Without a professor requiring weekly posts, my blog has clearly languished. My life at OU, however, has not. Since last writing in November, college has taken off, and I now feel comfortable calling Oklahoma home.

 

I originally intended to spend my first collegiate summer relaxing back in my hometown. After months away from family, friends, and the splendors of rural Wisconsin, I figured such a respite would be welcome. Christmas break, however, caused me to reevaluate this plan. Working at the local gas station thirty hours a week and coming home to my parents every evening quickly became maddening. It turns out that the constant stimulation and stress of school is difficult to leave behind, and I knew that I couldn’t pass my summer in a similar fashion to my winter.

 

After returning to school in January, I began looking for both an internship and a possible study abroad program. I ended up finding both. Thanks to some maternal nagging and a last-minute email from the Honors College, I spent June studying in France and July and August interning for Paul Ryan. How ridiculous my notion of a quiet summer now seems!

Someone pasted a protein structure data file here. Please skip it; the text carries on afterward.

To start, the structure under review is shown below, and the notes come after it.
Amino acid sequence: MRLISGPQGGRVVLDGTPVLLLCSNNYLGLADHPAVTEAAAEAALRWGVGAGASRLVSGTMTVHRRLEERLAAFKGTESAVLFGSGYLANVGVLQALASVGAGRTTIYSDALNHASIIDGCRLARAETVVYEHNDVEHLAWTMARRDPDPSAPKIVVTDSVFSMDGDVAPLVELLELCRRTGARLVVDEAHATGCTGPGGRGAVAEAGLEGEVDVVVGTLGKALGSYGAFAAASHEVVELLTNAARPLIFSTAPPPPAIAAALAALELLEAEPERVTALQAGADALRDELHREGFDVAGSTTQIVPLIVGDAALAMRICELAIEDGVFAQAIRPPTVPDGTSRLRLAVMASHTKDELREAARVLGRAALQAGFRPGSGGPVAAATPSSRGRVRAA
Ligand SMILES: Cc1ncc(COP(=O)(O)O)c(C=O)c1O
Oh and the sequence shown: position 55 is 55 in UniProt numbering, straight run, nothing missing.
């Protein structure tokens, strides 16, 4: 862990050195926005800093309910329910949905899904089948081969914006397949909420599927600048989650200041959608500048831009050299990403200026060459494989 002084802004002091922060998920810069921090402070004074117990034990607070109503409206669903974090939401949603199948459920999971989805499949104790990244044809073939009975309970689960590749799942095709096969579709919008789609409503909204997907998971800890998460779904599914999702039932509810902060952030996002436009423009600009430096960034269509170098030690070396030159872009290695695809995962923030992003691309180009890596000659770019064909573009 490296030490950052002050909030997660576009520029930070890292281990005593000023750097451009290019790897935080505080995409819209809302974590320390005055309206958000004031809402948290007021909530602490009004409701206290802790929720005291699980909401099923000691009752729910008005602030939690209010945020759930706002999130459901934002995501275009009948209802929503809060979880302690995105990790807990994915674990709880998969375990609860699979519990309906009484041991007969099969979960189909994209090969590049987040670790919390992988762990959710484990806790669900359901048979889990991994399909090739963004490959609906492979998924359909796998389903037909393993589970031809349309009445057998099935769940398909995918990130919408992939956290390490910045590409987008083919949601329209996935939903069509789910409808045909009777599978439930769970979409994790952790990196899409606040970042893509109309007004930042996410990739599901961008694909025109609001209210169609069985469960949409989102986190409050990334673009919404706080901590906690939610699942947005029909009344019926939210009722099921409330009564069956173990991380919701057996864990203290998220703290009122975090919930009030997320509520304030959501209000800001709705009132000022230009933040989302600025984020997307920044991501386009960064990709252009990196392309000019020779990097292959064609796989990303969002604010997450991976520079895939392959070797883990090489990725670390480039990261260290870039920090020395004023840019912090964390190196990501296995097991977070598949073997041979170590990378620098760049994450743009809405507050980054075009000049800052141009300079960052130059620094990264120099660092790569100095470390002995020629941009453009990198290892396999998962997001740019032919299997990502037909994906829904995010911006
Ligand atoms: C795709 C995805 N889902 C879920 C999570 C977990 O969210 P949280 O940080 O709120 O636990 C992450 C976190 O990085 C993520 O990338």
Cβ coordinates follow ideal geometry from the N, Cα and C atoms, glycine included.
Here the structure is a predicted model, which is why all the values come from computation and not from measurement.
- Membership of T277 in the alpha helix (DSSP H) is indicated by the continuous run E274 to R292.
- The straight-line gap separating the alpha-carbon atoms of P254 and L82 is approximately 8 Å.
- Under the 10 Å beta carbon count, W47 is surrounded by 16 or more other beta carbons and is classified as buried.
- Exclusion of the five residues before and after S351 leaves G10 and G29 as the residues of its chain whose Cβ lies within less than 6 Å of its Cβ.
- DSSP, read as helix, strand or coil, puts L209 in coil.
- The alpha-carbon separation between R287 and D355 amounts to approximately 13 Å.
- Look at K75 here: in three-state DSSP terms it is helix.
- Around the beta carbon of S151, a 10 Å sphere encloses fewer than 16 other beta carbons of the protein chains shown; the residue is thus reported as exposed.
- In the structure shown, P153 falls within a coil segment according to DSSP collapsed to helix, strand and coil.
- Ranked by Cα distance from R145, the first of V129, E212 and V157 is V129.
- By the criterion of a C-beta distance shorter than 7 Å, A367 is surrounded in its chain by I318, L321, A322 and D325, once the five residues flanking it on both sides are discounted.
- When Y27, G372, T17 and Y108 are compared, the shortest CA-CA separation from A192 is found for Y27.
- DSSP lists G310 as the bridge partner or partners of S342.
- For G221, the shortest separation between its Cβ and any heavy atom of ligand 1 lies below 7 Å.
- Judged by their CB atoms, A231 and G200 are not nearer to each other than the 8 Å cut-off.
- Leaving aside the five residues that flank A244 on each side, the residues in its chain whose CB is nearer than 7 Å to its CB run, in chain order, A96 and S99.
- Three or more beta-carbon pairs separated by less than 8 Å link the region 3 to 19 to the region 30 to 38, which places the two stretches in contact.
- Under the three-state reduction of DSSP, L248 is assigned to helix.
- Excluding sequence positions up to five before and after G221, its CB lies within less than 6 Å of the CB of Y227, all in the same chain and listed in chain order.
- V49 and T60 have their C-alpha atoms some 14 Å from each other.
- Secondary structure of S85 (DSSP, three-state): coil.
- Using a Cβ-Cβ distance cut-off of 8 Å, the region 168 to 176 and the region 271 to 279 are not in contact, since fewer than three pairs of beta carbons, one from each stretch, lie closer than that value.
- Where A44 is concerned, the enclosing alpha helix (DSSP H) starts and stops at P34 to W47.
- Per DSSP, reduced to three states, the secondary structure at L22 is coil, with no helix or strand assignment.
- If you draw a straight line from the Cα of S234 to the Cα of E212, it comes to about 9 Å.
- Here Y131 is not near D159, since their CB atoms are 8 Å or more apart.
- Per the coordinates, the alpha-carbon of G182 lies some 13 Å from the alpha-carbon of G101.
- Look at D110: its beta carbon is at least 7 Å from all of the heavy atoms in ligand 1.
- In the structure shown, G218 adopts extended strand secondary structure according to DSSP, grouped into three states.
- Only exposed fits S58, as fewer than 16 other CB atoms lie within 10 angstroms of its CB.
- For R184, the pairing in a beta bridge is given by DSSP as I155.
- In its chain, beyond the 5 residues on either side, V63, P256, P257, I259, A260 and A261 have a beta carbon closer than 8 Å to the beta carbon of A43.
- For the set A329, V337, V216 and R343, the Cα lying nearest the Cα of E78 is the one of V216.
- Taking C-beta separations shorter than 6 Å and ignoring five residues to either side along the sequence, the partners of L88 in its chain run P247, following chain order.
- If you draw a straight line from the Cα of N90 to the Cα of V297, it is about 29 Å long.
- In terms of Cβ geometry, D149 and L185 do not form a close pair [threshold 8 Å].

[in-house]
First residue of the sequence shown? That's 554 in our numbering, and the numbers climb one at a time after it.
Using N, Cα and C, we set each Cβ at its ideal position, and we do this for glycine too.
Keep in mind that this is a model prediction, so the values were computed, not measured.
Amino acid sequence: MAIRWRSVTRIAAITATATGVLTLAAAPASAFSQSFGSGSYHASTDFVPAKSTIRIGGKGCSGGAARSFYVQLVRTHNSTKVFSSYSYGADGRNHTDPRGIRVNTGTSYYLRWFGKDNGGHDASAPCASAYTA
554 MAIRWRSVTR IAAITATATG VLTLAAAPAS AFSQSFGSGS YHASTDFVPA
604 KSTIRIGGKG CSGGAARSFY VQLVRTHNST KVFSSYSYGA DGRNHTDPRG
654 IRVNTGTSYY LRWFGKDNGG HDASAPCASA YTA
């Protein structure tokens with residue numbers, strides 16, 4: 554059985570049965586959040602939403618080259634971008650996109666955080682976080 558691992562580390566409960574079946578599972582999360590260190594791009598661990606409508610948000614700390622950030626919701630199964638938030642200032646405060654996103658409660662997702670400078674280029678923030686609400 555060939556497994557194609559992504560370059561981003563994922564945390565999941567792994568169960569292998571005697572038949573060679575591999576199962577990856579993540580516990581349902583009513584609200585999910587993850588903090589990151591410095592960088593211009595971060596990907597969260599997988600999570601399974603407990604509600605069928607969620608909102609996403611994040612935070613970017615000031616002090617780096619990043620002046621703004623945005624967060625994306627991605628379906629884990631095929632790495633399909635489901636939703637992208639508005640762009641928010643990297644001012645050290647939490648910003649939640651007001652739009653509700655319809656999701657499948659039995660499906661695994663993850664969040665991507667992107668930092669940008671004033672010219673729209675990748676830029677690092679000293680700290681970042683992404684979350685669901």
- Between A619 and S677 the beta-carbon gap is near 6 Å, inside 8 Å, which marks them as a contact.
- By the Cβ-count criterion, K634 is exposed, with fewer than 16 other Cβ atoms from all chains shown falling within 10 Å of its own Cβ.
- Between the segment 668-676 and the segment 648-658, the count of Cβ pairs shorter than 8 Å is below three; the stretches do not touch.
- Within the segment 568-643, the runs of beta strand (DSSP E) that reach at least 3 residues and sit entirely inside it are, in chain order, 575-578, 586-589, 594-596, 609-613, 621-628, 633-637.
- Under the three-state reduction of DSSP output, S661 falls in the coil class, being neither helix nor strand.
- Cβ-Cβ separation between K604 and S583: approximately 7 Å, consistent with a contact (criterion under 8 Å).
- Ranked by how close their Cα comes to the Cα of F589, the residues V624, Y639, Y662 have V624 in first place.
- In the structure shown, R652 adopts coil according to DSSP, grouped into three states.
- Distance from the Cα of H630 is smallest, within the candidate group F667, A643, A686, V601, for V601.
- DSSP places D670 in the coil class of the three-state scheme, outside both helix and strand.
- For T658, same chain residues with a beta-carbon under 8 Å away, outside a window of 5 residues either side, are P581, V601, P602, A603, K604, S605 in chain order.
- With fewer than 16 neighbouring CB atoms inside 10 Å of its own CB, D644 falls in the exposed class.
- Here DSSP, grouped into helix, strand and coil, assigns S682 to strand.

Since childhood, I have struggled with transitions. I have vivid memories of signing up for summer camp with gusto, looking forward to living in cabins in the Michigan wilderness in a few months, only to be hit with crippling dread as my departure loomed closer. Looking forward to an experience often seems to provide more satisfaction than the experience itself (are you surprised that I hate surprise parties?), so I always fear that events won’t live up to the idea that I’ve built up in my head. Often, they don’t; they turn out so differently than I’d imagined that my visions are neither fulfilled nor disappointed.

 

Packing for France was an anxious experience. While the first two weeks of summer that I’d passed at home had been far from satisfying, there is safety in the known, safety in remaining exactly where you are. As I purchased travel-size shampoo, I worried that I would somehow manage to find Europe disappointing, that I would spend a stressful and unsatisfying month abroad when I could be home making money and wasting excessive amounts of time with friends from high school. What if I were in Paris, longing for Jefferson?

 

Just as my middle school worries about summer camp never came to fruition, I found all my fears about studying abroad to be ludicrous basically as soon as the program began. Transitions are indeed difficult; staying in Jefferson would have been easier (and a heck of a lot cheaper) than going to France. But the difficulties that living in a foreign country causes turned out to be invigorating and instructive, and I’m satisfied to say my month in Europe was easily the happiest month of my life.